Most of the instructions are there to help the newbie understand how to get whole wheat dough “smooth & elastic.” Your average bread recipe simply tells you ingredient amounts and says you’re to mix them all up, then knead until “smooth & elastic.” It sounds so simple!

    Well, I spent a whole year baking whole wheat breads before I hit upon a really “smooth & elastic” dough. The reason it requires adding oil and water in such imprecise dribbles is because a thousand things can change what amounts you’ll ACTUALLY need to make the dough smooth & elastic — humidity, temperature, season of year, the imprecision of your measurement techniques, etc.

    Oh, and the overnight soaking can be done away with if you’re using sprouted grain flour. It’s mostly there for health purposes. Soaked, sprouted, or fermented grains are so much easier to digest and they’re far more nutrient-dense too (I’m sure you know this already).

  • Seánan

    I may be a freak, but I like kneading. Maybe it’s a matter of habit; I grew up making bread that way.

    Your ‘cold’ comment reminded me of baking for open-houses when I was in my ‘teens. I did a lot of baking late at night, If the air was cold, then I’d tuck the bread, covered in its bowl, beneath my blankets and let my body heat warm the dough.

    It’s been a long time, but I think I’d do it again.

  • Janet Majure

    Seanan, I laughed at the image of crawling into bed with a bowl of dough. I’d wind up wearing it! And I don’t mind kneading, but I love the idea of having a really good loaf of homemade whole-wheat bread that doesn’t require me to plan my day around it.

    Maybe one day I’ll try FoodRenegade’s recipe, but it’s one of the plan-around-it variety!

  • Joanne

    I’ve been following the conversation–and you know, part of the reason I am willing to go with some white flour (organic unbleached, of course) is that I don’t have to deal with gluten, sweetener, milk products, or other additives. It’s just grains, (some whole grains), yeast, salt, and water, and the recipe is pretty simple. Compared to most commercial breads, I’m convinced that has to be better for you in any event…although of course, more whole grains generally are a good thing.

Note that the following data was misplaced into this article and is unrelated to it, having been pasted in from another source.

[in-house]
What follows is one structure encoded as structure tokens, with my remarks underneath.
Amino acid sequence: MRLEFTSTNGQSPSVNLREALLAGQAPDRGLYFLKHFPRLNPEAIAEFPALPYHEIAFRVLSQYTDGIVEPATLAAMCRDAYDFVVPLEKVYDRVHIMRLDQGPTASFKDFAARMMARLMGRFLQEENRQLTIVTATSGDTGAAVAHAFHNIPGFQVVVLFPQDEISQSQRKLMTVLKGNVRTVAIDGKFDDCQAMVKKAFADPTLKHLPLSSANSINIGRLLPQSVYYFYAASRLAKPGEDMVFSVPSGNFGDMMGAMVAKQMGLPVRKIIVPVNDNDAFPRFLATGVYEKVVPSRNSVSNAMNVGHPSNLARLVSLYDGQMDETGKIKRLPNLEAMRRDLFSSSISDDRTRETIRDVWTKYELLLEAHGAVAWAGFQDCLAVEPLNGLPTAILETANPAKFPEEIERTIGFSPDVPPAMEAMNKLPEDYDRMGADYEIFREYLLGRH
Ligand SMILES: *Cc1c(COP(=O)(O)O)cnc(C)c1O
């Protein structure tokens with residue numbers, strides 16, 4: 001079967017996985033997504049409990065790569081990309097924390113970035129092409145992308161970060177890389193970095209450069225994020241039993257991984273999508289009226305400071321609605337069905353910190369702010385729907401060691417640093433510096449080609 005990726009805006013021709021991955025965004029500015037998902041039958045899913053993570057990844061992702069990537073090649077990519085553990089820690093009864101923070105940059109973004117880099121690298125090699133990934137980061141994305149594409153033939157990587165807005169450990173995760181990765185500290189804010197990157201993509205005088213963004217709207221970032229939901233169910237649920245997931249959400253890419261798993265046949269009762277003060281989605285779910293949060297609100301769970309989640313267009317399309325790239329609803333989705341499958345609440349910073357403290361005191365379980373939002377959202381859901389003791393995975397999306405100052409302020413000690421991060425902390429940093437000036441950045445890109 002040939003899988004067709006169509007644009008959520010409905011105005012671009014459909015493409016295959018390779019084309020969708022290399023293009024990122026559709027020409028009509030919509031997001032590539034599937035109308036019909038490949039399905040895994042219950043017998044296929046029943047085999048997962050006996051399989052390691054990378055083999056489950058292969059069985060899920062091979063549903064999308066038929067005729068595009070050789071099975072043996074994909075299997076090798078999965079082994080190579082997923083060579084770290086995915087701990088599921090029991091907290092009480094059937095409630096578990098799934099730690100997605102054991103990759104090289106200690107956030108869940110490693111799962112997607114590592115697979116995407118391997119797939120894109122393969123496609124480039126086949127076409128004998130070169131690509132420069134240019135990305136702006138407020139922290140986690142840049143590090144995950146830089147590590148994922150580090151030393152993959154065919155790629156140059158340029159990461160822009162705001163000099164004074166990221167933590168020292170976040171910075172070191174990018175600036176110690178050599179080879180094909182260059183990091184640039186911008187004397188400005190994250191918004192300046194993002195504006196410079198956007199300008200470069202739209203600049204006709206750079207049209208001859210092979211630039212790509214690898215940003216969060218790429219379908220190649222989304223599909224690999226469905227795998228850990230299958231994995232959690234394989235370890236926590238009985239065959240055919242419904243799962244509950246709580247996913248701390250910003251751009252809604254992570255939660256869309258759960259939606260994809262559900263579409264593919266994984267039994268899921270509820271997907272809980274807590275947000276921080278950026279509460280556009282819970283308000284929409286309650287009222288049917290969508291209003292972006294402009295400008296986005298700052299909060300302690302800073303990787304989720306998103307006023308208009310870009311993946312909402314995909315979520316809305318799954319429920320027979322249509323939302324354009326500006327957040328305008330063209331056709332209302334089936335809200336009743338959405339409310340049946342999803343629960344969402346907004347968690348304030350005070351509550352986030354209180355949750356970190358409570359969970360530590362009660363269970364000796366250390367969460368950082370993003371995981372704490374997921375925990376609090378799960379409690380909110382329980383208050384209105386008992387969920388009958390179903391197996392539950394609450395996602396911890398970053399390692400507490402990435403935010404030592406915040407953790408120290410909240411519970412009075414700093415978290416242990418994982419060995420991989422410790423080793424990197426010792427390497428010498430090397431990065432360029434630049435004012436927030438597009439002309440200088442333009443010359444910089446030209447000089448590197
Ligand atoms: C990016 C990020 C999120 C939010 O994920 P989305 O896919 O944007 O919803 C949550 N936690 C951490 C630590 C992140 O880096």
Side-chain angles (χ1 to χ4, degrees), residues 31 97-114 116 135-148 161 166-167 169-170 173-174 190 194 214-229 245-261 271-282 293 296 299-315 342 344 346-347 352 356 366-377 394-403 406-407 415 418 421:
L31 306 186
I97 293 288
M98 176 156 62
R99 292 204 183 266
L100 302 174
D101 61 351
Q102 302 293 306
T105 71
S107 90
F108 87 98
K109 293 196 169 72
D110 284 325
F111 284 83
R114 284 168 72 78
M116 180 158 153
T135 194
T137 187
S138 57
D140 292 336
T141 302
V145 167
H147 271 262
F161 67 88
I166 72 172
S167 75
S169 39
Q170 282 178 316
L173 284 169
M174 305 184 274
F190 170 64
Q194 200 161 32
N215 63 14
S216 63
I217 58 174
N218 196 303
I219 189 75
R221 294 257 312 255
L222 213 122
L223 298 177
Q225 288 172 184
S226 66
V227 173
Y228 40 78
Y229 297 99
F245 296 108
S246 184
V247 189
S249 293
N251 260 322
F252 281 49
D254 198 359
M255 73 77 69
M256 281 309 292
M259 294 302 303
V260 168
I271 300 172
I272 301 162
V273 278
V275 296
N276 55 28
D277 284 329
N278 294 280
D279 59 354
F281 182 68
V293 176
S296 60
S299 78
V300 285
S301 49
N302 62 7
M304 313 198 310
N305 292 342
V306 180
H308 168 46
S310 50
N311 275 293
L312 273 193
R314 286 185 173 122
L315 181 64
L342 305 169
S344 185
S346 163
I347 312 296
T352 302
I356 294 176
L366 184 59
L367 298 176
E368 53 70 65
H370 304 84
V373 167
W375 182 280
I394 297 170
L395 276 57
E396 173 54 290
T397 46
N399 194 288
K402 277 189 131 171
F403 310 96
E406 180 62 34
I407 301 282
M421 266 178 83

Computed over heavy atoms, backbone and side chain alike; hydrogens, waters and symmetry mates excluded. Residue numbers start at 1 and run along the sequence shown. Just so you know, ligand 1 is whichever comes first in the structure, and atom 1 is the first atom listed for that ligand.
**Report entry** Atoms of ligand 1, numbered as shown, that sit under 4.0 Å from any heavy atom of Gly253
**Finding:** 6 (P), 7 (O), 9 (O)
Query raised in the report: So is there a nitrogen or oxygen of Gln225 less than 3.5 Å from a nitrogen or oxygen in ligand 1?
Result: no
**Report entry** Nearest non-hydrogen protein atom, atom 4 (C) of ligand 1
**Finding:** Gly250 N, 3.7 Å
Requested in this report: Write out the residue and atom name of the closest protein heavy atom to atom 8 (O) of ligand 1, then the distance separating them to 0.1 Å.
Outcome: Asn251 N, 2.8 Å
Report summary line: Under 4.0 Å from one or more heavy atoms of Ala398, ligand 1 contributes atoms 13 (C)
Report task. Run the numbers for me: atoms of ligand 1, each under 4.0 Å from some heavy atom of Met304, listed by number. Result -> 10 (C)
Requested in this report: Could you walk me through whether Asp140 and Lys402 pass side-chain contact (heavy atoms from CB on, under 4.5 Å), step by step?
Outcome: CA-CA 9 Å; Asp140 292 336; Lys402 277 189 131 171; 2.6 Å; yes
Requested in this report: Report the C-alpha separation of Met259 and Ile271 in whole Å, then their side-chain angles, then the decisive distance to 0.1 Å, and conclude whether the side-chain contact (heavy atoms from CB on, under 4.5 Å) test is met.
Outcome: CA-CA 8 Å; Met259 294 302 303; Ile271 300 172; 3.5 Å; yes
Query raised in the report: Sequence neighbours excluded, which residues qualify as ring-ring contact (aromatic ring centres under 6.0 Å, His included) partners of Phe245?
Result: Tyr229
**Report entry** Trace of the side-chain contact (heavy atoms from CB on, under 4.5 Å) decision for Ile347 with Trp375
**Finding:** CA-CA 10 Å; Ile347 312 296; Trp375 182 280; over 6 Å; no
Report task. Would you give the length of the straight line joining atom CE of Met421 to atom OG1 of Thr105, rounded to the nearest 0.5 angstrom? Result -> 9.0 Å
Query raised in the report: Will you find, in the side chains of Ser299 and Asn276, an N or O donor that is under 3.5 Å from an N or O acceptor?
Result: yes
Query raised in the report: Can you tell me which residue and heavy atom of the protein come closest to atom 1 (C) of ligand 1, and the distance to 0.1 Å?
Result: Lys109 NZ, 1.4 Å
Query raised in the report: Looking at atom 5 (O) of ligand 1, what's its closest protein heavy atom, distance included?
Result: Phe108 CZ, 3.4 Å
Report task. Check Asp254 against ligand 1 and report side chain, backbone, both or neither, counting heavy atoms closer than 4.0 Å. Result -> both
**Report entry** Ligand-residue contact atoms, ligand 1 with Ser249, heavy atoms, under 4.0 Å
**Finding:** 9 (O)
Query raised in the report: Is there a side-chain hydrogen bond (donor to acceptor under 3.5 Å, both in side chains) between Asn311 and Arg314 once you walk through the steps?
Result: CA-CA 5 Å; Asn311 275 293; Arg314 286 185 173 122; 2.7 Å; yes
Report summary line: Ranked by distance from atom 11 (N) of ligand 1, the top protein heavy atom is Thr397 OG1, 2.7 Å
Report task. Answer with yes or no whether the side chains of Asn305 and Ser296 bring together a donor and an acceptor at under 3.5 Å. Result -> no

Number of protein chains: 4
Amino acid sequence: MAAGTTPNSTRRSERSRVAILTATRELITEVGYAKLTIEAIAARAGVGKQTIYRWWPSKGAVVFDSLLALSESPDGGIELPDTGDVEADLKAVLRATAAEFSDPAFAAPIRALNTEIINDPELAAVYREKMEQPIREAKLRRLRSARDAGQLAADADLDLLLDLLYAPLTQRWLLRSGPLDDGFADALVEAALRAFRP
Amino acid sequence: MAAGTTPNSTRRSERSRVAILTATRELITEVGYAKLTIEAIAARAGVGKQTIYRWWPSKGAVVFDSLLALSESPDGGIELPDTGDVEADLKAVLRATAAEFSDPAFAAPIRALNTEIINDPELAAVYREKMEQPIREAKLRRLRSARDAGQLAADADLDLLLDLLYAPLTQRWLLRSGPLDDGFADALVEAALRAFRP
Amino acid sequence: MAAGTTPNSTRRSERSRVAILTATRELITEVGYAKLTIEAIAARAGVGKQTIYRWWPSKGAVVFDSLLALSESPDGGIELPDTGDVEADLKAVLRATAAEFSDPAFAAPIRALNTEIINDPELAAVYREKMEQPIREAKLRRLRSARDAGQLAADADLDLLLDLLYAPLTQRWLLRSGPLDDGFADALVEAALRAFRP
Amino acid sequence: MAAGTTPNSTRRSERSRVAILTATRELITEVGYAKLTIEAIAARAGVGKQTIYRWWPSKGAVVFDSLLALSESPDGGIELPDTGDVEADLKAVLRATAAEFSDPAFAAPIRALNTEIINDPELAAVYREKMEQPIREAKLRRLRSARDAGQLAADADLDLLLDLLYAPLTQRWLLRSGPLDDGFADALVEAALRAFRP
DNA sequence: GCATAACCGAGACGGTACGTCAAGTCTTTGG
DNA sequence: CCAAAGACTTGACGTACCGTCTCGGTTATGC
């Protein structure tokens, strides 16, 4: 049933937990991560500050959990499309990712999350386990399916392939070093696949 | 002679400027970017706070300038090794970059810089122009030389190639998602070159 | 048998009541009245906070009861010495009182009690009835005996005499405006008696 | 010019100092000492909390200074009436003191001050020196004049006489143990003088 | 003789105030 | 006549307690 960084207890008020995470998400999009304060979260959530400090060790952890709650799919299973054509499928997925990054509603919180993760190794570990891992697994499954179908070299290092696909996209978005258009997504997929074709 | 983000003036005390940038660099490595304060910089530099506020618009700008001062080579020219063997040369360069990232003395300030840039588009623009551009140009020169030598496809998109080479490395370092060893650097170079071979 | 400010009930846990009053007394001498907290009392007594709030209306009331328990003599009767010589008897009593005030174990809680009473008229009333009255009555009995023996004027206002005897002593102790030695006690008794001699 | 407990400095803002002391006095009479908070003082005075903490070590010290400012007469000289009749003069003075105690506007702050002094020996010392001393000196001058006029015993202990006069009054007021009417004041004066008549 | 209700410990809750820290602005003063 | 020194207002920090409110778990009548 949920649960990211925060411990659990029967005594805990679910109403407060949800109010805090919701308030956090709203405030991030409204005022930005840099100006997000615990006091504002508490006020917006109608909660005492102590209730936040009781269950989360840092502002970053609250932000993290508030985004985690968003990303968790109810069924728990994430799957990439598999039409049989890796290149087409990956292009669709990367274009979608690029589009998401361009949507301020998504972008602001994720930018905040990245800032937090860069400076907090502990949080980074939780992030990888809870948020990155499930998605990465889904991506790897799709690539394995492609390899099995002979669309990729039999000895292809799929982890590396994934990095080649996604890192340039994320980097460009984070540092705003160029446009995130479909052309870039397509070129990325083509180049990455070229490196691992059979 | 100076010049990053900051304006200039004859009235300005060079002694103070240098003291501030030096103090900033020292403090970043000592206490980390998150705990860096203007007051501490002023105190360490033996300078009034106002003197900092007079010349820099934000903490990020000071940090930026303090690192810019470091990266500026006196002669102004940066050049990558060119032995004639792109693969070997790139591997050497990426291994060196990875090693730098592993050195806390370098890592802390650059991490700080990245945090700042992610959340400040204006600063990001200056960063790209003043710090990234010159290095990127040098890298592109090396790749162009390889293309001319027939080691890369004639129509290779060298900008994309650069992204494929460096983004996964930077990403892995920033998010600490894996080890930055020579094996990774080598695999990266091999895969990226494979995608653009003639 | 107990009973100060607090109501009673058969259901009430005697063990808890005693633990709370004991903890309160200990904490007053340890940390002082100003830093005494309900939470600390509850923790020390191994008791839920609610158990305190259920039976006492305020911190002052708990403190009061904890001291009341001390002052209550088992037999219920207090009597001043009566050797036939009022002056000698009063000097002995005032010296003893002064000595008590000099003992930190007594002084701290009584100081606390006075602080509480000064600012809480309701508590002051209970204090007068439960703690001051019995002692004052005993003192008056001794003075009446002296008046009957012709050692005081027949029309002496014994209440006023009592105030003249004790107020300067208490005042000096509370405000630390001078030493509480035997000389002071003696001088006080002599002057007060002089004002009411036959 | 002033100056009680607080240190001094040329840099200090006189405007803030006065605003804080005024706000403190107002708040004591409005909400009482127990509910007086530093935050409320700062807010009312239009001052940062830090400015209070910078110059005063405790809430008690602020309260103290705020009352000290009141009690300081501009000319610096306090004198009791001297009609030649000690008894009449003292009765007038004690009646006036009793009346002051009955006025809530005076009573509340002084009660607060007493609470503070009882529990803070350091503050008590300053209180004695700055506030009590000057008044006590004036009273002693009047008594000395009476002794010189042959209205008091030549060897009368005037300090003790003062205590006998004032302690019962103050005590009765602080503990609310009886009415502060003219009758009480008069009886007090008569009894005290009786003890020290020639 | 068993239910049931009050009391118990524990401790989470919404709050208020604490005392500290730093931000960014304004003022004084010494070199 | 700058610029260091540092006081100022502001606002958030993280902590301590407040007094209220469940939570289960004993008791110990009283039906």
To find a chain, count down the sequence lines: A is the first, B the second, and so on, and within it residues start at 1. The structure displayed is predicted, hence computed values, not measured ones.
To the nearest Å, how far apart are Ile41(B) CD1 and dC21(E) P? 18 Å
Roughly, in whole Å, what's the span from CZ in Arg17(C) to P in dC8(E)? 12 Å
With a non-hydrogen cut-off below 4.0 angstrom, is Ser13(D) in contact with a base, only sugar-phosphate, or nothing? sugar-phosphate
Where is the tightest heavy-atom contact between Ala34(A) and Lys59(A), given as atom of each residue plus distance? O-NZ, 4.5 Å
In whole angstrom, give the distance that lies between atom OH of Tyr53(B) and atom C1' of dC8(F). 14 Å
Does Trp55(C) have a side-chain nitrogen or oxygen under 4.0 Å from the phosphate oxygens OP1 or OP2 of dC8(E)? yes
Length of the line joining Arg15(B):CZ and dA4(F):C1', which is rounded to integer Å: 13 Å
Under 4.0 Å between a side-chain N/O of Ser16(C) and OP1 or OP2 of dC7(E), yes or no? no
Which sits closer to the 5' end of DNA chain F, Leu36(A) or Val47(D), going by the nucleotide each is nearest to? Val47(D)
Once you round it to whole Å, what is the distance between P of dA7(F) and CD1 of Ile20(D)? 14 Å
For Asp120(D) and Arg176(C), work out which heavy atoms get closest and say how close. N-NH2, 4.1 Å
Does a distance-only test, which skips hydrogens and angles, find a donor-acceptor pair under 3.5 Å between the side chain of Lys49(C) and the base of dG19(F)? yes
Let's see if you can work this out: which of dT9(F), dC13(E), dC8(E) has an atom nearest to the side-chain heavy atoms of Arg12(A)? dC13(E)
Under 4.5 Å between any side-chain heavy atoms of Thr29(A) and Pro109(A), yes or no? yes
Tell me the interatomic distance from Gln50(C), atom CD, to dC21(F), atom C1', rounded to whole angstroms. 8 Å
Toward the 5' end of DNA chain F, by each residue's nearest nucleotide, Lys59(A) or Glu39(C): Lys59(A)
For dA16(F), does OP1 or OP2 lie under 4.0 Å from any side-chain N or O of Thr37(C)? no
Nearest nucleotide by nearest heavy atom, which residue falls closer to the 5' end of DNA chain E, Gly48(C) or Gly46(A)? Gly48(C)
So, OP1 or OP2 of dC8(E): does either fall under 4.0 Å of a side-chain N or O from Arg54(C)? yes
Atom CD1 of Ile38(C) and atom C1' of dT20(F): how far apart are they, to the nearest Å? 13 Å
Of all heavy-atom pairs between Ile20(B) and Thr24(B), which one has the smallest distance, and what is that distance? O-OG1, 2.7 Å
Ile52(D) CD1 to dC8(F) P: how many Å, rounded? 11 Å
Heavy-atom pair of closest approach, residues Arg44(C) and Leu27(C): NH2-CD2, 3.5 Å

• Janet Majure

    Good points, Joanne, although I did pick up some gluten at the store yesterday!

  • Second try at 100% whole wheat bread better | foodperson.com

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  • valerie

    Food Renegade, I have been looking for just such an approach to bread making using soaked and sprouted fresh ground grains, the inclusion of whey (I make raw milk kefir and have whey on hand). I also have raw buttermilk and cream. Question, if I am sprouting then drying then grinding my own grain, will I gain additonal health benefits by also soaking? I know that you don’t have to but do I gain anything by it? I have an additional challenge with bread making, aside from being very new to it, I live at 9000 and am determined to make 100% whole wheat bread. Wish me luck.

  • FoodRenegade

    The only thing you’ll gain is a slightly sour flavor. Nutritionally speaking, you don’t gain anything by soaking a sprouted grain flour.

    Thanks, Janet, for letting me know about Valerie’s question!

    Cheers,
    KristenM
    (AKA FoodRenegade)

  • whole grain flour

    we are very happy . this food very much eat. relley
    so good food. thanks you.